The decline of Kaka
Kaka left for Real Madrid for a world record fee in 2009. He returns to AC Milan on a free transfer. Adam Bate examines the decline of a prodigious talent and wonders whether he can recapture former glories at 31
By Adam Bate - Follow @GhostGoal
Last Updated: 12/09/13 12:49pm
The 2005 Champions League final will go down in history as one of the great sporting comebacks. Three goals down at the interval, Liverpool produced a remarkable revival to level things up at 3-3 against AC Milan before winning the penalty shootout. As a result, tales of Didi Hamann's half-time intervention, the Herculean efforts of Steven Gerrard and Jerzy Dudek's spaghetti legs will be the focus of after-dinner speeches on Merseyside for years to come.
History is written by the winners. But the highlights reel belongs to Kaka. The bursting run leading to Andriy Shevchenko's disallowed goal makes it, as does the deliciously dinked through-ball enabling the same player to square for Hernan Crespo to double the lead. It's the third goal minutes later that really astonishes. A sway of the hips leaves Gerrard in his wake before an angled long pass cuts through the heart of the Liverpool defence. Crespo finishes. Game over.
Of course, despite Kaka also netting in the shootout, there was a very different outcome and Gerrard - having caused Guardian MBM writer Barry Glendenning to wonder at half-time "how badly does he have to play before his legions of cheerleaders in the media will put down their pom-poms and pass comment on it?" - got to walk away with the man of the match award.
Two years later, Milan enjoyed a revenge of sorts. Again, there was a two-goal striker to get his name in the record books. But once more, the magic came from Kaka - his measured pass to Pippo Inzaghi late in the game setting up the arch-predator for what turned out to be the winning goal. At the age of 25, Kaka belatedly had his Champions League victory.
The UEFA Super Cup and FIFA Club World Cup followed later that year to go with the Serie A title he had earned in his first season with the Rossoneri. There was already a World Cup winners medal to his name, claimed as a 20-year-old talent (who saw 20 minutes of pitch action) before even leaving Sao Paulo for Europe. There were individual honours too. The Ballon d'Or in 2007 and a guaranteed place in football's hall of fame. So much so young.
In 2009 came the move to Real Madrid. Despite the world record transfer fee of £56million, the dubious honour of being Real's record buy didn't even last the month. Cristiano Ronaldo joined for £80m a few weeks later. Still just 27, Kaka was ostensibly in his prime having just enjoyed his best ever goalscoring season in Serie A. Within weeks of the move he won the Golden Ball for Brazil at the Confederations Cup, being named man of the match in the final.
In some ways, that was as good as his Real Madrid career got. By March in his first season at the club, he was being jeered by the Bernabeu crowd in a Champions League game against Lyon. Kaka then endured an injury-hit second season before returning to play a bit-part in the 2011/12 La Liga triumph under Jose Mourinho. Even in that successful campaign, he found himself booed throughout in a game against Malaga in the spring.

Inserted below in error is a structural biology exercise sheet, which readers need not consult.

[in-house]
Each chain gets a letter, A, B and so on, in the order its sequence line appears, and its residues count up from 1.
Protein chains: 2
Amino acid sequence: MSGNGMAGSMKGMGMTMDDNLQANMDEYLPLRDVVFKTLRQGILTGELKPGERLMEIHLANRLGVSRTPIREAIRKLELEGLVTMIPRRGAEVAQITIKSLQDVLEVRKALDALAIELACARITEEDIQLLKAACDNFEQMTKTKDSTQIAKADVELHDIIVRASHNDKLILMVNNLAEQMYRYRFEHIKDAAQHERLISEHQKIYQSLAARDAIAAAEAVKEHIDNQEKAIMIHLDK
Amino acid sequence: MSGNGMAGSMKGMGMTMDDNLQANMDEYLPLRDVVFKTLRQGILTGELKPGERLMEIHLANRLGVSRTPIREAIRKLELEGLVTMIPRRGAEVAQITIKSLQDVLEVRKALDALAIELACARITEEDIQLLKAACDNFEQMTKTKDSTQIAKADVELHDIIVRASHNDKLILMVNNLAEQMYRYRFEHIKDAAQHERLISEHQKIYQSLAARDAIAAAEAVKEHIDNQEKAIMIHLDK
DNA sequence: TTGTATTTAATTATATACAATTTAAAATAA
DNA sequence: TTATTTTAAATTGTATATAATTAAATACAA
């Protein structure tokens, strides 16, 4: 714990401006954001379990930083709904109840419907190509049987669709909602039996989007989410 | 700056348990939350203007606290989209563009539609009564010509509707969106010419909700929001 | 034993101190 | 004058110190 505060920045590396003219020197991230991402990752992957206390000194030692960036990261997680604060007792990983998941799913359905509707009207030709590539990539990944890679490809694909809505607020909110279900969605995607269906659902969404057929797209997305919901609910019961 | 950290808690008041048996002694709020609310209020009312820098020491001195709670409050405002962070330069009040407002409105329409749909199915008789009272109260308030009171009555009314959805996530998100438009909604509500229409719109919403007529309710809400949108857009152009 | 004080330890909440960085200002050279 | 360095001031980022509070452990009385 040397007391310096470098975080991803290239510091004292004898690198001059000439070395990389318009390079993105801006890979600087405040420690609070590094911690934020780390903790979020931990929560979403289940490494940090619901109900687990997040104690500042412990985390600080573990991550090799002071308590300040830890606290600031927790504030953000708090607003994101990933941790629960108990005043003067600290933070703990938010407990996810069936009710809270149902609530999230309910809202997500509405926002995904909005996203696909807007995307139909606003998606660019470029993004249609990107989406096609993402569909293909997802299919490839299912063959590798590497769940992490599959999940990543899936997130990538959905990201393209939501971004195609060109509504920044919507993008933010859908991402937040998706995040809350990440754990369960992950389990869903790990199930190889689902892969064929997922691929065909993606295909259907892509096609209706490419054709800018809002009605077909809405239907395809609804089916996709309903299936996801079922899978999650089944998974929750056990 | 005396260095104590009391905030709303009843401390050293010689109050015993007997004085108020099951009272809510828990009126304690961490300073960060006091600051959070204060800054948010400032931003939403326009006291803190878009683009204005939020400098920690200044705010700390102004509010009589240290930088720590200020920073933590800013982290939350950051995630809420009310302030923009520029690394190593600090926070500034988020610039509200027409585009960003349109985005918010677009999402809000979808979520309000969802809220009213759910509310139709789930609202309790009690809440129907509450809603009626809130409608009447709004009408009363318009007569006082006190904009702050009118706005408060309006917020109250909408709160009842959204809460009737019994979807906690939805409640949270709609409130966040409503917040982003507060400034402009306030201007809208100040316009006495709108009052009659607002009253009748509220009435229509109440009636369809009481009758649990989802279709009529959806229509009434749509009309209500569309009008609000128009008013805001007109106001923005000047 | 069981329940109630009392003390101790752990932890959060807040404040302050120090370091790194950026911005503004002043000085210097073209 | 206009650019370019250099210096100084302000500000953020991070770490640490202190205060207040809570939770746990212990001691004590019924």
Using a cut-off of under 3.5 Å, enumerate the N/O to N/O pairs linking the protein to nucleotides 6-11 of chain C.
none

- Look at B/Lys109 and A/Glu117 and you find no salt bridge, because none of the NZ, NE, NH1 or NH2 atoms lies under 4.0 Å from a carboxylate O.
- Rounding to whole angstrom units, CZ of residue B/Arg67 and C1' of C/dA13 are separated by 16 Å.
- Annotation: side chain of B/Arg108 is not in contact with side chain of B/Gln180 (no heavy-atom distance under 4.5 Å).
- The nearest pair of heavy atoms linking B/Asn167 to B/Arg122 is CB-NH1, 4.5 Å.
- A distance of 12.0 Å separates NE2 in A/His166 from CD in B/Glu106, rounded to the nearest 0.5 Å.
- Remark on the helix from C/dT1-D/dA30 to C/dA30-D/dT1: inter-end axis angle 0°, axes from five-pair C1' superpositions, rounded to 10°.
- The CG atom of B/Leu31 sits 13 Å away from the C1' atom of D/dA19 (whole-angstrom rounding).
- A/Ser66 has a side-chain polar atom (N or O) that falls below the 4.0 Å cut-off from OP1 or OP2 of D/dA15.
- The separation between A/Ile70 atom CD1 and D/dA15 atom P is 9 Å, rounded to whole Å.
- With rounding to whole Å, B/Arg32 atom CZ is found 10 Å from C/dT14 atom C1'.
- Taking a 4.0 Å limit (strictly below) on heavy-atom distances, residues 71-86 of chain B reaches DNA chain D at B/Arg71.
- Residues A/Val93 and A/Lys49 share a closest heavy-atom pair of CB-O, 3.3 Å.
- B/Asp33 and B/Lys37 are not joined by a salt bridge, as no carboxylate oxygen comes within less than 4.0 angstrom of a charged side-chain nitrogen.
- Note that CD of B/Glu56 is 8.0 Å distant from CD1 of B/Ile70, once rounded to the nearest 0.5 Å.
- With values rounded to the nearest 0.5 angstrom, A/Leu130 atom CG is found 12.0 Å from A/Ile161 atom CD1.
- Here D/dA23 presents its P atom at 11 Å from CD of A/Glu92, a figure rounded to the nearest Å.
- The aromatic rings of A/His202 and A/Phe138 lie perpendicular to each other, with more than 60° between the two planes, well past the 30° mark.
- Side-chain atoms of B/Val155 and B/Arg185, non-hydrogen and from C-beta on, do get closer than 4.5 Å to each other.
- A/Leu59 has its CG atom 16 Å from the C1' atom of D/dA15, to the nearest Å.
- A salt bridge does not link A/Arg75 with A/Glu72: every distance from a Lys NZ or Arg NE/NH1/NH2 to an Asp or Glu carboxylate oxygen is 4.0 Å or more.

So where did it go wrong? "I never had any continuity during my four years with Real Madrid," the 31-year-old Kaka said last week, although he fell some way short of blaming Mourinho for his struggles. Indeed, he seemed quite magnanimous about the whole experience, acknowledging the need for Carlo Ancelotti to take the club in a different direction.
Perhaps there is an awareness that he has been complicit in his failure to meet the vast expectations. For Kaka is visibly a different player today. The languid style and sureness of touch remains. But where once the loping stride was accompanied by the pace to glide away from opponents, the way he had against Gerrard in Istanbul, there is now a sturdier frame to haul around the field.
And besides, in Football Manager terms, Kaka was always more deep-lying forward than advanced playmaker. Of course, the ability to play those killer balls was in his armory. But what few had realised was how quite how dependent upon pace those qualities were. The statistics from his time in Madrid show that those dribbles have become a rarer sight with each passing year. It was his pace that allowed him to dribble so effectively. It was his pace that allowed him to play.
|Kaka decline at Real Madrid|
|Season||Key passes per 90||Dribbles per 90|
During that same four-year period in the Spanish capital, Kaka's key passes have also fallen year on year. Examine again those vital moments in Champions League finals. Each was preceded by a run to find space. With that turn of speed gone, the key passes have dried up too. The decline has not been as marked as that of Michael Owen or Fernando Torres, but it is a reminder that sharpness can affect players in deeper positions too.
Kaka will be the main man at Milan. He'll be loved too. The jeers will be a thing of the past and there has already been familiar talk of the joy returning to his game. Expect moments of magic to hint at a rekindling of the flame, just as his Brazil team-mates from that 2002 World Cup triumph, Ronaldo and Ronaldinho, occasionally managed during their spells at the club. Relighting the fire for real is another matter.
"I am returning home again," Kaka told Sky Sport Italia. "I am very happy to be back at Milan. I can't wait to play at San Siro again and feel the same emotions from before. I will be wearing the No.22 jersey again." The number on the jersey is indeed the same and there may well be the same emotions. It's certainly the same stadium and the same football club. But the real question that Kaka must answer is whether he is the same player. The signs are not so good.